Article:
January 25, 2009. Daily Times. “An increasing number of restaurants in Quetta have stopped serving women apparently after being pressured by religious elements, and the practice is being seen as a spill-over of the Swat problem to the rest of Pakistan. Certain popular restaurants have now begun to display boards saying, ‘For gentlemen only. Women not allowed.’ Located on the city’s most crowded Jinnah Road, Baig Snack Bar has been one of the most popular eating places in Quetta.Read the full post here. Also see this op-ed in Washington Post: A war on Pakistan's schoolgirls. And for an illustration of their mindset, here is a bit from a NYT article about Swat this past Sunday:
January 23, 2009. The News. “Militants gunned down Amjad Islam, teacher of a private school who himself waged a Jihad against the Soviet forces in Afghanistan, for not hiking up his shalwar (trouser) above his ankles. However, the issue did not end here but the militants went to the slain teacher’s house and gunned down his father, Ghani Akbar, a lawyer by profession. The militants later hung Amjad’s body from a pole in the Matta College Square.”
January 22, 2009. The News. “Continuing their attacks on schools, the militants destroyed two more schools in Khwazakhela and Matta areas. A government boys school was blown up in Sherpalam area of Matta, while a primary school was torched in Mangaltan village of Khwazakhela. Some unknown assailants attacked a police armoured personnel carrier (APC) in Saidu Sharif, the capital city of Swat district. The attack caused injuries to an official, Chinar Gul.”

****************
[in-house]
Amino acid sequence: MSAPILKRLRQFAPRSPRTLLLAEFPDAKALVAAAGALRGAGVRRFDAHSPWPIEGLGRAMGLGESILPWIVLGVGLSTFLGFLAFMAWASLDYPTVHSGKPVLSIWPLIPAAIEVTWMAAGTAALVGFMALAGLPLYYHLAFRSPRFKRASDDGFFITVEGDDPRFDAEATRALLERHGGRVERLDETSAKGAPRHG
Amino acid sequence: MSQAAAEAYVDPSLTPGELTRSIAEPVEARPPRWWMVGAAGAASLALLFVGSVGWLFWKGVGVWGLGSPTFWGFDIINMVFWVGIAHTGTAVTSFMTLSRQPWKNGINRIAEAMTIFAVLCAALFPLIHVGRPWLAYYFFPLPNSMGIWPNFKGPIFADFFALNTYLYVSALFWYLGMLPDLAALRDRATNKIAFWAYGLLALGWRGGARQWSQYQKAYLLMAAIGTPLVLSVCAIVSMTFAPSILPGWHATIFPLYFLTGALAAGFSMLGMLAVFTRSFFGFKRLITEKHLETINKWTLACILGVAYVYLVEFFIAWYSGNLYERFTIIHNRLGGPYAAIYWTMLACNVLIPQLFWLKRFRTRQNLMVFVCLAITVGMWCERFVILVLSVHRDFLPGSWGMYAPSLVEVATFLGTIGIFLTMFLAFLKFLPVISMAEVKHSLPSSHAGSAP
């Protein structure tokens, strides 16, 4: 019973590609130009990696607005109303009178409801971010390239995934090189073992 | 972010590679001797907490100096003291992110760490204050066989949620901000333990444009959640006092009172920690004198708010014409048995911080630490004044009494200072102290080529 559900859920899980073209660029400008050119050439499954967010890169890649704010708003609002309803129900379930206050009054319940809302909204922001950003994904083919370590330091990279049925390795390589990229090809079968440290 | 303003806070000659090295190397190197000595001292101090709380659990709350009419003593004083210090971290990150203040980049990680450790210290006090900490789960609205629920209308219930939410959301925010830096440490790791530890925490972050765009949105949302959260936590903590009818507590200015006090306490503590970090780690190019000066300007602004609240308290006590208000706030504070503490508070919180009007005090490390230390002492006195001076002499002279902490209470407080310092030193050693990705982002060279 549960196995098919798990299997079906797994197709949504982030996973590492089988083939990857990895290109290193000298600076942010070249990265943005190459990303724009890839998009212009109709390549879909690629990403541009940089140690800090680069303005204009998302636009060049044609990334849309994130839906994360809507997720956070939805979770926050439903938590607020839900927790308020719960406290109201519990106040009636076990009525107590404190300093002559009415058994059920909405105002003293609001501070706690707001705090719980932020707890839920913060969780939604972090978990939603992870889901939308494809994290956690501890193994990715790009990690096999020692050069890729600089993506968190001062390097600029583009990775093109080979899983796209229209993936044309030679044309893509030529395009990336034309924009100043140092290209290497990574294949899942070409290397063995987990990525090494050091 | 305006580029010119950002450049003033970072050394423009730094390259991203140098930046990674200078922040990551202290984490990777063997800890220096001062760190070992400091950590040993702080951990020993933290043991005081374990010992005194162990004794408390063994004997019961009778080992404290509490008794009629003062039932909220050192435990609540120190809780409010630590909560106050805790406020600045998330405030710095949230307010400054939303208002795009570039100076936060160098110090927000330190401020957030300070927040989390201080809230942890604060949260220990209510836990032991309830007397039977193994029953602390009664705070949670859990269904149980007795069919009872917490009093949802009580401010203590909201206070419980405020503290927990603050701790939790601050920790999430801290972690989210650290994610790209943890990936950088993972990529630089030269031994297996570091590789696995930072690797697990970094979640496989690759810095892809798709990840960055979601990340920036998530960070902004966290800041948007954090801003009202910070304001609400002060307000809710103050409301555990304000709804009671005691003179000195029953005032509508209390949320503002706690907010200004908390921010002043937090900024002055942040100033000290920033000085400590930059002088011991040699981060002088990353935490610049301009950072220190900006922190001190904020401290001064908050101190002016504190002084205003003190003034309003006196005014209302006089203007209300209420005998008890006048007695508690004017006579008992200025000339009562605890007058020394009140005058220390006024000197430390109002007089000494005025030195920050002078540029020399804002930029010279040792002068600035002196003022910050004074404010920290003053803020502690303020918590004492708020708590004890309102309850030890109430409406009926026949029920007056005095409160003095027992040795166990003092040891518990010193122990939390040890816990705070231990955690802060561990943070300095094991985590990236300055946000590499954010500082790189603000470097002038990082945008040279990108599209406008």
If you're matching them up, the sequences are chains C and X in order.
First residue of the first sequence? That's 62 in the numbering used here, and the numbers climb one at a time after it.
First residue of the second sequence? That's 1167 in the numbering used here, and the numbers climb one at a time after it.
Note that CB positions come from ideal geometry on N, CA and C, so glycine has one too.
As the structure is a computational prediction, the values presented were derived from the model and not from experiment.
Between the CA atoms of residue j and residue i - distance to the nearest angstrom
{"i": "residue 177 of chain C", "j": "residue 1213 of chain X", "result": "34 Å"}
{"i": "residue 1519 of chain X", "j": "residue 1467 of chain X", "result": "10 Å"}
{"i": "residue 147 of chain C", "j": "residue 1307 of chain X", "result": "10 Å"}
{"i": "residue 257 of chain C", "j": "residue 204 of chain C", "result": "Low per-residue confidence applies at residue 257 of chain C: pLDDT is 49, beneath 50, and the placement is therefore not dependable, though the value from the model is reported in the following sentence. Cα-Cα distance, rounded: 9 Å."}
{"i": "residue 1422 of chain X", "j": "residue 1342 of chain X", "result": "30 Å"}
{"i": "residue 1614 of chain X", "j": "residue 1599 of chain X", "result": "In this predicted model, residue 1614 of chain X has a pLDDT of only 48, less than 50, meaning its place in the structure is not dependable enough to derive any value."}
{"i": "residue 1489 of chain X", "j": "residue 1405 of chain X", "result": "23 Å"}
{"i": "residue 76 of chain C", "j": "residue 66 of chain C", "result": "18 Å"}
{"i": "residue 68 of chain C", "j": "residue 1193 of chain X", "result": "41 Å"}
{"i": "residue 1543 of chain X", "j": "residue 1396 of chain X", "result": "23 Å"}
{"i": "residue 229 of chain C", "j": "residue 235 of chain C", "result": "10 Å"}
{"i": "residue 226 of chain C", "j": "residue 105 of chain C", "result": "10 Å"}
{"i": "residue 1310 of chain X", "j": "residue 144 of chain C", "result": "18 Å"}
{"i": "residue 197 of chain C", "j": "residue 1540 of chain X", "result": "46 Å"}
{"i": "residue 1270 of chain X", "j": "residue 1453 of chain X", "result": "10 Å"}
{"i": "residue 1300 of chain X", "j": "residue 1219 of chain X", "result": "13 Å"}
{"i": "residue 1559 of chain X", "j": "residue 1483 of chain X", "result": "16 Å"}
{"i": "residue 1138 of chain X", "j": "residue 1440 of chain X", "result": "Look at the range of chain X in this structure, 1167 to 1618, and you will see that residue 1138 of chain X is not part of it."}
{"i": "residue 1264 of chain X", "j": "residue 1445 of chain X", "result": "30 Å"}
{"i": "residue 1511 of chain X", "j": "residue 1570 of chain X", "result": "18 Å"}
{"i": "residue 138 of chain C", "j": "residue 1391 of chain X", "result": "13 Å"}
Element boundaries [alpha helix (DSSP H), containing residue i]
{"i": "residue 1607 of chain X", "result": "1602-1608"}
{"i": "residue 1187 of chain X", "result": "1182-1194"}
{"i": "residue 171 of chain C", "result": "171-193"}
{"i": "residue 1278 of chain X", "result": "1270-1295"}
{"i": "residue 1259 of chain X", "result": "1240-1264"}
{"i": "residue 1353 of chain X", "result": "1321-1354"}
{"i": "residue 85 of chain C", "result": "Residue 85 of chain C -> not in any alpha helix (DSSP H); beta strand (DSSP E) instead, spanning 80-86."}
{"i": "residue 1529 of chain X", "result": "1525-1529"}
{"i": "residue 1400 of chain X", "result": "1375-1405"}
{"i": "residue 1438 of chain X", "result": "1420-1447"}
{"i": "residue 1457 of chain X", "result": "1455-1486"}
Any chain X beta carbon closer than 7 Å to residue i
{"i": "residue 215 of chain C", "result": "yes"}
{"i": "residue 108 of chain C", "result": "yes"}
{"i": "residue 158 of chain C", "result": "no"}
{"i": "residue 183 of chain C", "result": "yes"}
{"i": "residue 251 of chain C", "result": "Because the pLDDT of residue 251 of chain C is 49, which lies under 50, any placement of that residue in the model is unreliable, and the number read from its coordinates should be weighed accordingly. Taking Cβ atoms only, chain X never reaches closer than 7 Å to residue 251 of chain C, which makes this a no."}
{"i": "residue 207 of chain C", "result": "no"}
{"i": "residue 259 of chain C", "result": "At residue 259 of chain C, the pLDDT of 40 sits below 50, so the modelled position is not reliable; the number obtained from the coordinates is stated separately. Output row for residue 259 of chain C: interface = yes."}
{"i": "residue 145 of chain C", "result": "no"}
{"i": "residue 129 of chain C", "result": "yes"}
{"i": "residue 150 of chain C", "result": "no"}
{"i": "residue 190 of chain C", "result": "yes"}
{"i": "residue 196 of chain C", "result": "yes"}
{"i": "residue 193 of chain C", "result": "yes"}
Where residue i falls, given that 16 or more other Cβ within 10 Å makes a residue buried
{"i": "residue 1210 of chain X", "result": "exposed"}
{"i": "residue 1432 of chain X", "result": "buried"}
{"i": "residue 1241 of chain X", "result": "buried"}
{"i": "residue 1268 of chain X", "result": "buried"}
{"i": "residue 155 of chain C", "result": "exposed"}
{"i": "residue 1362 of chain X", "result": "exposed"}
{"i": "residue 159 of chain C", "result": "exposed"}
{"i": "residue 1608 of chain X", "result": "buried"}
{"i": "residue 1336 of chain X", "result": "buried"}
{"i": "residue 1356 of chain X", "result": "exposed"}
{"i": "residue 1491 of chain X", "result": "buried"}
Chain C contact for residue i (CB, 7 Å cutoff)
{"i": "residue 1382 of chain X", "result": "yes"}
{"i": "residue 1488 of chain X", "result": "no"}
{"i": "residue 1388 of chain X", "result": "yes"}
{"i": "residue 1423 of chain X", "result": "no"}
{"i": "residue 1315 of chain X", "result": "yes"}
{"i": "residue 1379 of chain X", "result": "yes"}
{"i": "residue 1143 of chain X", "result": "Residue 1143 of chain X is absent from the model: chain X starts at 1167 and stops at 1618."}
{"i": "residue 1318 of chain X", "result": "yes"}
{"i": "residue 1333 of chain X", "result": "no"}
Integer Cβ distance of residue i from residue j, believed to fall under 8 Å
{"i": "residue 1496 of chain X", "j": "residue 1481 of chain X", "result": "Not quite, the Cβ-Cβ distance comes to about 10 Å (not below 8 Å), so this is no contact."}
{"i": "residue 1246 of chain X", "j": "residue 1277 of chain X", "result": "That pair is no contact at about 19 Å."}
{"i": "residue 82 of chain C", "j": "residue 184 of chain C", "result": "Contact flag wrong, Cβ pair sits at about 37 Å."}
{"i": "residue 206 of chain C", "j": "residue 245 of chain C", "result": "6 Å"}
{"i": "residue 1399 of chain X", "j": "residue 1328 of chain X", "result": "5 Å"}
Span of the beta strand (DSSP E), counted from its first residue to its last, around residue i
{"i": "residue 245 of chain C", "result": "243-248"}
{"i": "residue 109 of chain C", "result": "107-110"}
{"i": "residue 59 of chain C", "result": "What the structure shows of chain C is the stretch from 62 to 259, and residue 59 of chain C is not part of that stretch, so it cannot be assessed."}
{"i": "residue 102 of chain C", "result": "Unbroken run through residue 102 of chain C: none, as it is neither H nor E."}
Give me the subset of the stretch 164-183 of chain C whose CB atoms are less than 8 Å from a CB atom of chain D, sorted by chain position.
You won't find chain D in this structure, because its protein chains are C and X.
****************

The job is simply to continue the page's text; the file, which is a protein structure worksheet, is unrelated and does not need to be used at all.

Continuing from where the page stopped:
Pakistan is indeed at war - and this is what it is facing. Read this NYT article here.
Few officials would dispute that one of the Pakistani military’s biggest mistakes in Swat was its failure to protect Pir Samiullah, a local leader whose 500 followers fought the Taliban in the village of Mandal Dag. After the Taliban killed him in a firefight last month, the militants demanded that his followers reveal his gravesite — and then started beheading people until they got the information, one Mandal Dag villager said.“They dug him up and hung his body in the square,” the villager said, and then they took the body to a secret location. The desecration was intended to show what would happen to anyone who defied the Taliban’s rule, but it also made painfully clear to Swat residents that the Pakistani government could not be trusted to defend those who rose up against the militants.
Gruesome displays like the defilement of Pir Samiullah’s remains are an effective tactic for the Taliban, who have shown cruel efficiency in following through on their threats.
Recently, Shah Doran broadcast word that the Taliban intended to kill a police officer who he said had killed three people.
“We have sent people, and tomorrow you will have good news,” he said on his nightly broadcast, according to a resident of Matta, a Taliban stronghold. The next day the decapitated body of the policeman was found in a nearby village.
Even in Mingora, a town grown hardened to violence, residents were shocked early this month to find the bullet-ridden body of one of the city’s most famous dancing girls splayed on the main square.Known as Shabana, the woman was visited at night by a group of men who claimed to want to hire her for a party. They shot her to death and dragged her body more than a quarter-mile to the central square, leaving it as a warning for anyone who would flout Taliban decrees.